According to the criminal complaint, on Thursday, Sept. 2, 1982, Stitt took a bus from her hometown of Palo Alto to Sunnyvale in California’s Silicon Valley to go meet up with her boyfriend. She arrived sometime between 8 and 9 p.m., and the two stayed together until midnight, when her boyfriend walked her close to the bus stop to go back to Palo Alto.
Stitt was reportedly alone as she walked to the bus stop, and that was the last time she was seen.
On Sept. 3, 1982, at 10:45 a.m., a truck driver was reportedly making a delivery nearby when he saw "what he believed was a nude female lying in the bushes at the base of a cinderblock retaining wall."
Sunnyvale Police arrived at the scene and discovered Stitt deceased with "numerous stab wounds." The criminal complaint says Stitt’s wrists were "bound behind her back with what was later determined to be Karen’s own shirt," and her jacket tied her legs together.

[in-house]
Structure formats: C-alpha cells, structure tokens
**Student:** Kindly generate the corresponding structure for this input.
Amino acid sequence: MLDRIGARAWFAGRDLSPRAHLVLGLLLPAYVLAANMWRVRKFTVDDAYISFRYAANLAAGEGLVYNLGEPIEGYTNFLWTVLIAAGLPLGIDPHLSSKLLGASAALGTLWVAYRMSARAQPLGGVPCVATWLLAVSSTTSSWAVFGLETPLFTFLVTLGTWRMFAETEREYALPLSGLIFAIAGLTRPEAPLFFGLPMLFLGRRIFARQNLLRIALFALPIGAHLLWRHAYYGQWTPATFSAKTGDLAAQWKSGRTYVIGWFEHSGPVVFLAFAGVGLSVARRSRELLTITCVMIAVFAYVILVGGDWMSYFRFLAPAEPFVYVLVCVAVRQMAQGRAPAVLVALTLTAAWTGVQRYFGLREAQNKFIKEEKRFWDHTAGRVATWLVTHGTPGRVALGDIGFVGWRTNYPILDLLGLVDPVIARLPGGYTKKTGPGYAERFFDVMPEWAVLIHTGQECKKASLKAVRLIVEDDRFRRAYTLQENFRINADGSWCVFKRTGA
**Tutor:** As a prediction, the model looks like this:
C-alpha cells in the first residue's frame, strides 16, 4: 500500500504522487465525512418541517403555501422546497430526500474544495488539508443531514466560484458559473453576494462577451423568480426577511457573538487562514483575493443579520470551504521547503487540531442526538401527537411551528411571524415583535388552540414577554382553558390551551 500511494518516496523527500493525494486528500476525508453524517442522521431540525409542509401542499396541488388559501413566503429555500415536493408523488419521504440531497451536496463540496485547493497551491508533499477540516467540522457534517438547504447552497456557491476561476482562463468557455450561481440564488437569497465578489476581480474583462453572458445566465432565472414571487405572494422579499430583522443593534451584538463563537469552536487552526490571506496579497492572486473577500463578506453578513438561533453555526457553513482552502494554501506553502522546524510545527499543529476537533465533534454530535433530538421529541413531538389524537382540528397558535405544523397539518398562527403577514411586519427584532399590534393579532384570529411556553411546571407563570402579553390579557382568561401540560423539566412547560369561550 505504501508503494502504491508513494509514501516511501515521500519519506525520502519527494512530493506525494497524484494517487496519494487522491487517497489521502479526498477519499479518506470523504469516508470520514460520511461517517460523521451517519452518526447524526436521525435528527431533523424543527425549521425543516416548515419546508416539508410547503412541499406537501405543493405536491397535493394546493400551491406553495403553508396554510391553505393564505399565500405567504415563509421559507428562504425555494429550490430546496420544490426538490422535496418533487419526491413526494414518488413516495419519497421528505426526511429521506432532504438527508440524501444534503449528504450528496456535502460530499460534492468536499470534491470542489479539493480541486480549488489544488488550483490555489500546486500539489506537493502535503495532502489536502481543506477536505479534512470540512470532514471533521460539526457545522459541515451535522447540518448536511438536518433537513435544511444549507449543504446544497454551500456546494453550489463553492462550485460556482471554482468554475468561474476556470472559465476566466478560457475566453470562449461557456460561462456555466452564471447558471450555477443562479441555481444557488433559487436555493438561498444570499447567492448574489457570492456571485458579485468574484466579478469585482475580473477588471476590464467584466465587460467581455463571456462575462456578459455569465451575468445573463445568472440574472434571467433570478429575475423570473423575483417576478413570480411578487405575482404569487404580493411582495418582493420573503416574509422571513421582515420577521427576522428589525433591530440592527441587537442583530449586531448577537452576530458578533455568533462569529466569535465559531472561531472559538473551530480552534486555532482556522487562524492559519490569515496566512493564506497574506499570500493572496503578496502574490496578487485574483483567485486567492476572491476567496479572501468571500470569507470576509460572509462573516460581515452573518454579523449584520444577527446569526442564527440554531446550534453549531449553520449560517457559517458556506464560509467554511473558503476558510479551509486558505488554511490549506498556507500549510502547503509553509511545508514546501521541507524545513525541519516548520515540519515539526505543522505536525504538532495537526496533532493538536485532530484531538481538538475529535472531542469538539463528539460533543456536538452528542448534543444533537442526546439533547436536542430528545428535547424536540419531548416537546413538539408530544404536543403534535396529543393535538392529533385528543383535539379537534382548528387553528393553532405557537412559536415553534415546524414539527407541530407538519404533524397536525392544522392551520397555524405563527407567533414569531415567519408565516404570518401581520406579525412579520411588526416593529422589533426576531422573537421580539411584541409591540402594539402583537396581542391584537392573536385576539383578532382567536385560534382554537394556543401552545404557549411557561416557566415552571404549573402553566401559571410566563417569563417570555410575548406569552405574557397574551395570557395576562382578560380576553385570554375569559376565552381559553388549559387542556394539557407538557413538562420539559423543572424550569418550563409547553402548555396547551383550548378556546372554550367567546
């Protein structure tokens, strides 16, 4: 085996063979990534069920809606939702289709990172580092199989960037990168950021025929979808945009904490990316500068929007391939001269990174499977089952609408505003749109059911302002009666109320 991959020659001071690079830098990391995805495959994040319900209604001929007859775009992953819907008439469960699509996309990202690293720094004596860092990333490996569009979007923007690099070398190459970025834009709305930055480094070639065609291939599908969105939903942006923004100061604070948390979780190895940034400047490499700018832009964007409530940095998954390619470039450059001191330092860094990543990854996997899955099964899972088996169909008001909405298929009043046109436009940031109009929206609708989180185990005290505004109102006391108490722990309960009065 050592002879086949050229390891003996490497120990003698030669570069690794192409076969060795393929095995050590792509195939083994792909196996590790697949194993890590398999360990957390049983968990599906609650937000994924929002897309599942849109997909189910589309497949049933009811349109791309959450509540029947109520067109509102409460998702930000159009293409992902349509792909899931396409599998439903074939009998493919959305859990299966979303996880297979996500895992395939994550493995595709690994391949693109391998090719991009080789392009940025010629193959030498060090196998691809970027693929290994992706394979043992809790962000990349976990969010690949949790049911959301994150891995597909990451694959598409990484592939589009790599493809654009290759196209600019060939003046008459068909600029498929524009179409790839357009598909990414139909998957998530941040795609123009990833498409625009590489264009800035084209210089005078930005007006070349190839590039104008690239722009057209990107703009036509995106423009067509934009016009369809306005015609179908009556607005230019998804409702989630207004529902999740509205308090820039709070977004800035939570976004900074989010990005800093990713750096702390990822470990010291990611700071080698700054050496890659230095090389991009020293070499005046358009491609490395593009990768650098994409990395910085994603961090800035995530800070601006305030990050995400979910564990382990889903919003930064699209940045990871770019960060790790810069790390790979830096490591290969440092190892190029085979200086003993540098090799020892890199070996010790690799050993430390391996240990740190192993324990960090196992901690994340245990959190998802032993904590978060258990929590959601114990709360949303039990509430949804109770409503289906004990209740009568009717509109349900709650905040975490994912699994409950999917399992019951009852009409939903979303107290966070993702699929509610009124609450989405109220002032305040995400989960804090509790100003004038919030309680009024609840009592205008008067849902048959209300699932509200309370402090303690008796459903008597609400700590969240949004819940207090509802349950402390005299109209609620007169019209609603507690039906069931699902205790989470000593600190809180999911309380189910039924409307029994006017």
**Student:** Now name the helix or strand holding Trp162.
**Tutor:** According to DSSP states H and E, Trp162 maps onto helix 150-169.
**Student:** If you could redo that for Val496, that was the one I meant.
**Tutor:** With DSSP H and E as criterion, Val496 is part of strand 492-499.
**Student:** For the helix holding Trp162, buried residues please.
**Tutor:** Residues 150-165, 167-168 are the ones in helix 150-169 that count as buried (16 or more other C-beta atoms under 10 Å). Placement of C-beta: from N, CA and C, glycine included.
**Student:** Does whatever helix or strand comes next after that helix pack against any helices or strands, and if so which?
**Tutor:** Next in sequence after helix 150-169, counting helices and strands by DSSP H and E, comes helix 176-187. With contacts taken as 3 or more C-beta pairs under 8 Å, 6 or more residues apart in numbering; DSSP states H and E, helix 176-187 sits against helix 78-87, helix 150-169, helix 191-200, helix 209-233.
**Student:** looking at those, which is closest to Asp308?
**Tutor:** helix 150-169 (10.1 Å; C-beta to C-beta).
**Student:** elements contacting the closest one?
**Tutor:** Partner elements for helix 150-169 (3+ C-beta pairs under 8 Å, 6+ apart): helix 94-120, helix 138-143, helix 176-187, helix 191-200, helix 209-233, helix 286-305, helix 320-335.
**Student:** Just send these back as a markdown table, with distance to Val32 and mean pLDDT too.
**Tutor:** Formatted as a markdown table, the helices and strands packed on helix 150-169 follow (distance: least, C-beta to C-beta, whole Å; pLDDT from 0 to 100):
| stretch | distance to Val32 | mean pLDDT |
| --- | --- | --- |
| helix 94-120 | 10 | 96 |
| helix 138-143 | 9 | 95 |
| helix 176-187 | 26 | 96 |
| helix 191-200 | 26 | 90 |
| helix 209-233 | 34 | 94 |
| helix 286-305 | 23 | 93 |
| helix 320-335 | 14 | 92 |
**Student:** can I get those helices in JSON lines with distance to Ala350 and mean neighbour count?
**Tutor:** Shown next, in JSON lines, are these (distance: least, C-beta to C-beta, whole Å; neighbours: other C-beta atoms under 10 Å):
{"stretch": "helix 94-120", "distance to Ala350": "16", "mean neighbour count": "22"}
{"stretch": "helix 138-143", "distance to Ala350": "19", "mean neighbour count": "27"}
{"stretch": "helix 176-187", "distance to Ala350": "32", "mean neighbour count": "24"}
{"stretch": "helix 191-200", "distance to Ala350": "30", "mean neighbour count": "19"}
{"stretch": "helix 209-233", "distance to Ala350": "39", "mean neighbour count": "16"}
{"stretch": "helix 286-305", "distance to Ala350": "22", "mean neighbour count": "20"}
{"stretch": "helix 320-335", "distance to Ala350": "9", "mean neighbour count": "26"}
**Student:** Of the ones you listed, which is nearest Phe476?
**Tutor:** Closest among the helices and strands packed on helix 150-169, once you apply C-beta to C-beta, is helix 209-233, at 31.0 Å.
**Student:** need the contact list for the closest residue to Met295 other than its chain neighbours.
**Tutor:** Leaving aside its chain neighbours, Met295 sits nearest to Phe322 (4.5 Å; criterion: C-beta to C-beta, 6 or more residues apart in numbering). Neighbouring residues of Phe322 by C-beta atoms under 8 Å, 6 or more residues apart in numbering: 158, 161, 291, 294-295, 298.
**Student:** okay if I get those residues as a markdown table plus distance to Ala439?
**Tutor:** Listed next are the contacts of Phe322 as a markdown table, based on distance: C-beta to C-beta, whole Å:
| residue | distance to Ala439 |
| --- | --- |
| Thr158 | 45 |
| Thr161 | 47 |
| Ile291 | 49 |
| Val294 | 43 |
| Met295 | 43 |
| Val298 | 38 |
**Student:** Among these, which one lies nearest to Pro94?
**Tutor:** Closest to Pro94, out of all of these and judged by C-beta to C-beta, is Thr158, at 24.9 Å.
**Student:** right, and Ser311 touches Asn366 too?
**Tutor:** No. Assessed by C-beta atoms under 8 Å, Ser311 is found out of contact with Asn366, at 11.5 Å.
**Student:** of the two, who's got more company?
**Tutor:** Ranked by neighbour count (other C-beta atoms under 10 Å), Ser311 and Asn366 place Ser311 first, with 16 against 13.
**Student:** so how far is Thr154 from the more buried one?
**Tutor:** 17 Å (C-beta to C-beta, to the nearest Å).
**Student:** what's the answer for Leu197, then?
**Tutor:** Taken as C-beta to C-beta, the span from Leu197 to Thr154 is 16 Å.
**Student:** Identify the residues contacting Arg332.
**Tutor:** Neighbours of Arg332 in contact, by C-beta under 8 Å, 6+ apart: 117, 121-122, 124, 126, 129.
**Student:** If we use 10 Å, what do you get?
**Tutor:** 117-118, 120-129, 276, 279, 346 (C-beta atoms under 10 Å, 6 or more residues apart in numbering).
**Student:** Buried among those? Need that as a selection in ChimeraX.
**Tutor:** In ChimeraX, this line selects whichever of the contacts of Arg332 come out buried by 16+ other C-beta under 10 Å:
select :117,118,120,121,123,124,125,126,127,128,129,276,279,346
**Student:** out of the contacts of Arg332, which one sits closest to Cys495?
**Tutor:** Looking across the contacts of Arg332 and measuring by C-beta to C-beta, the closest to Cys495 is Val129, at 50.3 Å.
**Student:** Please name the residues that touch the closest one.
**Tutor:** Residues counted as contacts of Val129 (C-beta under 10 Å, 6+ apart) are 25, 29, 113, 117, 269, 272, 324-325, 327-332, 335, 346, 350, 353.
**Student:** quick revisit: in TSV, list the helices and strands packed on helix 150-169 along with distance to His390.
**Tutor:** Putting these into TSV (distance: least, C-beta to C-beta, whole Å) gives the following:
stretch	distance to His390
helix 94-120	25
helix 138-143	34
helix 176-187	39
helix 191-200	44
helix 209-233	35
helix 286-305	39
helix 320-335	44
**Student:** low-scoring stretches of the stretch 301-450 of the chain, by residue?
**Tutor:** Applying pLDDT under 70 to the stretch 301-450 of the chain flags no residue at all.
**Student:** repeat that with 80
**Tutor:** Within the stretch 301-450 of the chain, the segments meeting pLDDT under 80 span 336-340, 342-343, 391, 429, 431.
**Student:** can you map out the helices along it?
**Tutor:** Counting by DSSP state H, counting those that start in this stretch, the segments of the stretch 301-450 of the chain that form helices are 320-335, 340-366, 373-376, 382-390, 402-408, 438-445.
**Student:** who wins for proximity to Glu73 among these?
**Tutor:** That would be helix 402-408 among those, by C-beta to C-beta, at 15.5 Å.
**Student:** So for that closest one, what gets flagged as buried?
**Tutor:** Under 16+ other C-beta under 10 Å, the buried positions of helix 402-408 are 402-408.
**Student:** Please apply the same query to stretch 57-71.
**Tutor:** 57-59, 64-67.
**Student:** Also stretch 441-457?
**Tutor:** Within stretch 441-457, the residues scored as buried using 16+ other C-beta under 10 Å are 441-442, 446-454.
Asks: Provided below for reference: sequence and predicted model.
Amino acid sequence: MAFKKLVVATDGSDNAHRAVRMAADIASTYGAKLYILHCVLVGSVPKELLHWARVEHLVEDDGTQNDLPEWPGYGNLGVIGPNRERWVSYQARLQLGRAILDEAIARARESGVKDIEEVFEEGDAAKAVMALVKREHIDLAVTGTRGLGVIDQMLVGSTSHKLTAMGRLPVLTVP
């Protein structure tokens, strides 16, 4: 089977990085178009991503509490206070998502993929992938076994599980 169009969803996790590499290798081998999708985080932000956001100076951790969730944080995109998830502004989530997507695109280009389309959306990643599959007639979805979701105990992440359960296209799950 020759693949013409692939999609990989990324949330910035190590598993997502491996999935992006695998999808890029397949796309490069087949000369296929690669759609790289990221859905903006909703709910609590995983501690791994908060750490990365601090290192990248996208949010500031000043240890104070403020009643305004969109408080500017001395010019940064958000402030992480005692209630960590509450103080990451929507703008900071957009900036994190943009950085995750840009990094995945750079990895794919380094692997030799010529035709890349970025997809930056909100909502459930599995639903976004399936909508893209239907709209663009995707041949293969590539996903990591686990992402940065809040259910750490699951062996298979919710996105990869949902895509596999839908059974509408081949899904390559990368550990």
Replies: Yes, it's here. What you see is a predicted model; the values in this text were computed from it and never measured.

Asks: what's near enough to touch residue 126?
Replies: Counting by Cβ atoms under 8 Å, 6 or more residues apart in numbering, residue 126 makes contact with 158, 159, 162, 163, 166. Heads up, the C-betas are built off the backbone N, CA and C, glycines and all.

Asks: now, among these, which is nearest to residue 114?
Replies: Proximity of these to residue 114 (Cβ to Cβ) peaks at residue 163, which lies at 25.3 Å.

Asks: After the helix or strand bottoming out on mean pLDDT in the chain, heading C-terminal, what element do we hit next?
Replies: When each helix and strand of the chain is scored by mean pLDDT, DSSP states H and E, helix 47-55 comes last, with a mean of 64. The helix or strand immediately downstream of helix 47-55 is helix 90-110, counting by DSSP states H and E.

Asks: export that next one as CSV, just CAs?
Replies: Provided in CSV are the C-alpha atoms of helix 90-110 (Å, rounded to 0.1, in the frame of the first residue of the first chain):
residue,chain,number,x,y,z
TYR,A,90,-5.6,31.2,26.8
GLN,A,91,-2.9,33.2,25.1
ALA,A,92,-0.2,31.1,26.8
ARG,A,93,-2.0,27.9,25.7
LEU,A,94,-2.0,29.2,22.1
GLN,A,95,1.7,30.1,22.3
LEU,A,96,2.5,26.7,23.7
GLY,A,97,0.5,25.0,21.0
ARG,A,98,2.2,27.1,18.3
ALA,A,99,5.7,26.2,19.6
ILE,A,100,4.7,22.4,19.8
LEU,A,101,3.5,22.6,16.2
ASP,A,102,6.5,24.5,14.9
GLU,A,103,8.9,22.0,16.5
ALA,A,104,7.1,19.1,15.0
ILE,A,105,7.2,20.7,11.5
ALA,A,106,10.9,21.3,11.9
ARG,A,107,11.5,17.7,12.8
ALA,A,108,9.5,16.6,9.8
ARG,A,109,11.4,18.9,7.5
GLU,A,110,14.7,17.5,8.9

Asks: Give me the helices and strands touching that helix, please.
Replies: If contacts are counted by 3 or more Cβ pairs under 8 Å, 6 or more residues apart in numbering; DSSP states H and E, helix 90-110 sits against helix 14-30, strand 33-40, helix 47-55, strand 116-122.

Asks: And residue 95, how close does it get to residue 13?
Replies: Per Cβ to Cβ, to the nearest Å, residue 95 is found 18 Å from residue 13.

The autopsy showed Stitt suffered 59 stab wounds to her chest, neck, back, and abdomen. Eighteen of the stab wounds reportedly punctured her heart, 10 were to the lungs, and others were to her larynx, trachea, and esophagus. Dirt at the scene was reportedly disturbed, which investigators said suggested "she was still alive when her body was left there."
The bus stop where she needed to wait was reportedly about 100 yards from where she was found.
Investigators obtained DNA evidence from the jacket and a vaginal swab, and in 2021, the detective investigating the case, Matthew Hutchison, reportedly received information that led him to Ramirez.
Hutchison searched through a family tree and ultimately collected DNA from one of Ramirez’s children. After a test, lab results reportedly concluded there was "very strong statistical support" that the DNA given to Hutchison by the family member and the DNA from the 1982 crime scene were linked.
According to the District Attorney’s Office, if convicted, Ramirez faces life in prison without the possibility of parole.